Event-related potentials offer evidence for face distinctive neural activity that peaks at about 170 ms following the onset of face stimuli (the N170 effect). We investigated the role of the perceptual mechanism reflected by the N170 effect by comparing the adaptation of the N170 amplitude when target faces were preceded either by identical face images or by different faces relative to when they were preceded by objects. In two experiments, we demonstrate that the N170 is equally adapted by repetition of the same or different faces. Thus, our findings show that the N170 is sensitive to the category rather than the identity of a face. This outcome supports the hypothesis that the N170 effect reflects the activity of a perceptual mechanism which discriminates faces from objects and streams face stimuli to dedicated circuits, specialized in encoding and decoding information about the face.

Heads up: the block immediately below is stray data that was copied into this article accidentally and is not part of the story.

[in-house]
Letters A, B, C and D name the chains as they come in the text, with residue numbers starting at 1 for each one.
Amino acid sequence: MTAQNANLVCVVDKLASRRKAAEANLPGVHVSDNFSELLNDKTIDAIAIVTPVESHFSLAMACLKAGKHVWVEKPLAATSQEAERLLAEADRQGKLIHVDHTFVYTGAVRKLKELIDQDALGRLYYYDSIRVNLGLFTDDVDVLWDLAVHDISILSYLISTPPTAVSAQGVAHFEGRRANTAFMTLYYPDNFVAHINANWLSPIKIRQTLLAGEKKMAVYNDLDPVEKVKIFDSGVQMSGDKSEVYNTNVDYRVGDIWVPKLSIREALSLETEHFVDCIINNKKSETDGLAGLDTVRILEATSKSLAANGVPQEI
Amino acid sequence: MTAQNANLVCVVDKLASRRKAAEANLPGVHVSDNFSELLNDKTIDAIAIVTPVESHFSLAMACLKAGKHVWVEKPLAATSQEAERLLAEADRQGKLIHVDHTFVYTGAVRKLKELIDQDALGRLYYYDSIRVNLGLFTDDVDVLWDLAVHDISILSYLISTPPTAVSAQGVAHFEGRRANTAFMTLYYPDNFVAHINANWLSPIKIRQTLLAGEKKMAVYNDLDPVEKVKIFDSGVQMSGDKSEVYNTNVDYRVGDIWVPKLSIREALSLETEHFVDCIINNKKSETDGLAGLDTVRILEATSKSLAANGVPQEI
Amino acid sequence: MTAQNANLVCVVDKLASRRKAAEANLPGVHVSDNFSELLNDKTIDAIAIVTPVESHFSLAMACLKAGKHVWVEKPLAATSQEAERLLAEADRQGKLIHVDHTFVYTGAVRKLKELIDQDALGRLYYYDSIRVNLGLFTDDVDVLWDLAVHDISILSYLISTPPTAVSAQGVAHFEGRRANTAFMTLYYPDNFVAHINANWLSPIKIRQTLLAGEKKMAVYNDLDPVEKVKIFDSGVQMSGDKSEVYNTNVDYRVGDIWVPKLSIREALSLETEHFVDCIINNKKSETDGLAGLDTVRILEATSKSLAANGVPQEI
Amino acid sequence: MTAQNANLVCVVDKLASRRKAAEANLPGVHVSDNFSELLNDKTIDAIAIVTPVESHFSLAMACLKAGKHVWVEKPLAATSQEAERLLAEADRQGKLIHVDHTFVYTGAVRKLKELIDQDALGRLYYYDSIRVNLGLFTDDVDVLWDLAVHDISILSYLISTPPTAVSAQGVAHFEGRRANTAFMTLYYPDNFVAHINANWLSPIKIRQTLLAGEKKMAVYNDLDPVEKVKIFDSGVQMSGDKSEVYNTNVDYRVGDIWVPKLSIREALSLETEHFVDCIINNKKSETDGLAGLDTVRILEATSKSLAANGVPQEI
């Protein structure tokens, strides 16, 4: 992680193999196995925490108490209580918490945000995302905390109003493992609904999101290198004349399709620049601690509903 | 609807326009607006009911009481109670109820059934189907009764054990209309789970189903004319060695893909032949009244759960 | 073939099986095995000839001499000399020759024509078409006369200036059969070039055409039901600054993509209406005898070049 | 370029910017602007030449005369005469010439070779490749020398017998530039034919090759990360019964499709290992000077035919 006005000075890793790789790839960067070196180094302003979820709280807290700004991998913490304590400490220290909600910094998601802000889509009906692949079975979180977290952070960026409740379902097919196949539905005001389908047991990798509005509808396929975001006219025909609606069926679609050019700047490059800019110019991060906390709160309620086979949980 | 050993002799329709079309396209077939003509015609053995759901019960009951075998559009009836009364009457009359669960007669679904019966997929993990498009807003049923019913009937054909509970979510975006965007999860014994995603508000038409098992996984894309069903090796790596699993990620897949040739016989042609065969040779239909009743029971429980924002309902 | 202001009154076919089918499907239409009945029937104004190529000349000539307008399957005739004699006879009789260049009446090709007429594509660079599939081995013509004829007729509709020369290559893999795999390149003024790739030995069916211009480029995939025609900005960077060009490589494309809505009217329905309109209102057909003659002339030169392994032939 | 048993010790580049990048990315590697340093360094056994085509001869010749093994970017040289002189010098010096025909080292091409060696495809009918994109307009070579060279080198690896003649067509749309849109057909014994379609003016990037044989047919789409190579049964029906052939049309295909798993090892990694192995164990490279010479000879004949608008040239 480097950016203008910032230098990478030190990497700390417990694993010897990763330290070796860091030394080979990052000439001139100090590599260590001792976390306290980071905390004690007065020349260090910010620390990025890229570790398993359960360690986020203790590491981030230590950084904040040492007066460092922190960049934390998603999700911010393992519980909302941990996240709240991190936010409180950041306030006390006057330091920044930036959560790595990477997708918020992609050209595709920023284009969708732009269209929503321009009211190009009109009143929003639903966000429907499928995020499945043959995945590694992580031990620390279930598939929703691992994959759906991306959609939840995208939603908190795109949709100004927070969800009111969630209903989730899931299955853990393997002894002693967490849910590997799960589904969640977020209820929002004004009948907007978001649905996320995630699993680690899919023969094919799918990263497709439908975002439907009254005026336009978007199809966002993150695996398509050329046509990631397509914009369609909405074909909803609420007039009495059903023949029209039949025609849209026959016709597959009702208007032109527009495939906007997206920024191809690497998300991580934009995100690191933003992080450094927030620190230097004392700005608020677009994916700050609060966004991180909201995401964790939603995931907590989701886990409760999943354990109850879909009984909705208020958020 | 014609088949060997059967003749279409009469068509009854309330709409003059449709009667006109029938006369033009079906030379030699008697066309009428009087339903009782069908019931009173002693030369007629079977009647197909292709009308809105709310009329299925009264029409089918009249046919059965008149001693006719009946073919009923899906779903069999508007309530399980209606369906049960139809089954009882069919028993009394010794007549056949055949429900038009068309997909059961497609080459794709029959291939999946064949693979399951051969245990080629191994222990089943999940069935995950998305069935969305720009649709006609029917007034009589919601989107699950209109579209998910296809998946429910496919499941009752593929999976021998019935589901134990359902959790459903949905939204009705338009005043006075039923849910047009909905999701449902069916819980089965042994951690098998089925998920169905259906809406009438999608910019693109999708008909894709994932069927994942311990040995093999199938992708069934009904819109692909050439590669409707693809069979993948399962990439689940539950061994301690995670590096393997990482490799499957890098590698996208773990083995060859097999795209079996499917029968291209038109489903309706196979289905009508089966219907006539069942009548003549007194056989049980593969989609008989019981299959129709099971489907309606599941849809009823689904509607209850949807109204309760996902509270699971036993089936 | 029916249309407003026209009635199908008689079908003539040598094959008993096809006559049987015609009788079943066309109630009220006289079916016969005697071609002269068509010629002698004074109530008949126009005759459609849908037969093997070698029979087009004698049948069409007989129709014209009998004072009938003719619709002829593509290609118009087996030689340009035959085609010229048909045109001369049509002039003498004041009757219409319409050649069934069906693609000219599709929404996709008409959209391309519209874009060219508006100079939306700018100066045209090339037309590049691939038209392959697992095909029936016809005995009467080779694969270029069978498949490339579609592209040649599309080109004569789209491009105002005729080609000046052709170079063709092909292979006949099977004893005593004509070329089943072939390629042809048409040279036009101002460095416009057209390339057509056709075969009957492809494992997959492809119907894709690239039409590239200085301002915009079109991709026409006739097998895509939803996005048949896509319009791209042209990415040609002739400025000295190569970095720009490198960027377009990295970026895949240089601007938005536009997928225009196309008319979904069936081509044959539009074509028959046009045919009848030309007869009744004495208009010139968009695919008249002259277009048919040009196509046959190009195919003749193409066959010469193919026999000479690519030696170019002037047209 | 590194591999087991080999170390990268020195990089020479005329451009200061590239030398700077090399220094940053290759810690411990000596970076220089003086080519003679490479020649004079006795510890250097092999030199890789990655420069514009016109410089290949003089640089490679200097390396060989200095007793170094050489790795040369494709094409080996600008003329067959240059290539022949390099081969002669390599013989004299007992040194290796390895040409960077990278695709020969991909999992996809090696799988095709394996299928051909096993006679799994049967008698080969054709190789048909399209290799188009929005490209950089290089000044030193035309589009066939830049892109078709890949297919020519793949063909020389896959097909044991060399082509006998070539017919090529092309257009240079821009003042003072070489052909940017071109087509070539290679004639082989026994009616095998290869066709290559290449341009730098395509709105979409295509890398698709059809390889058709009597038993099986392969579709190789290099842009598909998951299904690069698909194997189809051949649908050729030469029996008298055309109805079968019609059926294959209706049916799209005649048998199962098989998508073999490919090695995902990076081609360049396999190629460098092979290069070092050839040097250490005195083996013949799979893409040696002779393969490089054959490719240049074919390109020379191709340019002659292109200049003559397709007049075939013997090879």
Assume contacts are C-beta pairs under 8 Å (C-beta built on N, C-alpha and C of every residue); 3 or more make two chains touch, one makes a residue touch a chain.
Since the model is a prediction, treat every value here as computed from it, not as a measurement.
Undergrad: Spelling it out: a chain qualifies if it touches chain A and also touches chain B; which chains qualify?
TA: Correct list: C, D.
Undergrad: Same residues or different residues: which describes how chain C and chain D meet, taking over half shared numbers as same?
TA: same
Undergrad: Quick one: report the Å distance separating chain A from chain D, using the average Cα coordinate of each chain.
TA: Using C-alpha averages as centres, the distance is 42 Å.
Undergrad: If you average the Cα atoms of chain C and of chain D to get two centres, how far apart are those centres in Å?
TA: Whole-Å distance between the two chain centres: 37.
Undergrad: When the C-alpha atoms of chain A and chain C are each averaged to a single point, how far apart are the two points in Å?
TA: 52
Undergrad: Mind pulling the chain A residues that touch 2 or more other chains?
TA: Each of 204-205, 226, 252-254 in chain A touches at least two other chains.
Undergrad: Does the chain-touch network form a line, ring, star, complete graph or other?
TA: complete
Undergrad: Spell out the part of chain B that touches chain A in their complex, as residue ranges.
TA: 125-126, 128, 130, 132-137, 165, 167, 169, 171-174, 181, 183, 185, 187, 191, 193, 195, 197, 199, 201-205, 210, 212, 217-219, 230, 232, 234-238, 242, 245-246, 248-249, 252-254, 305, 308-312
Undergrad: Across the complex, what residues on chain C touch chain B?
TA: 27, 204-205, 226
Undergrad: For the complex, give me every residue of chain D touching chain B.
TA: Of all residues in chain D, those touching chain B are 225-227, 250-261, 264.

Neural adaptation is related to face repetition irrespective of identity: a reappraisal of the N170 effect
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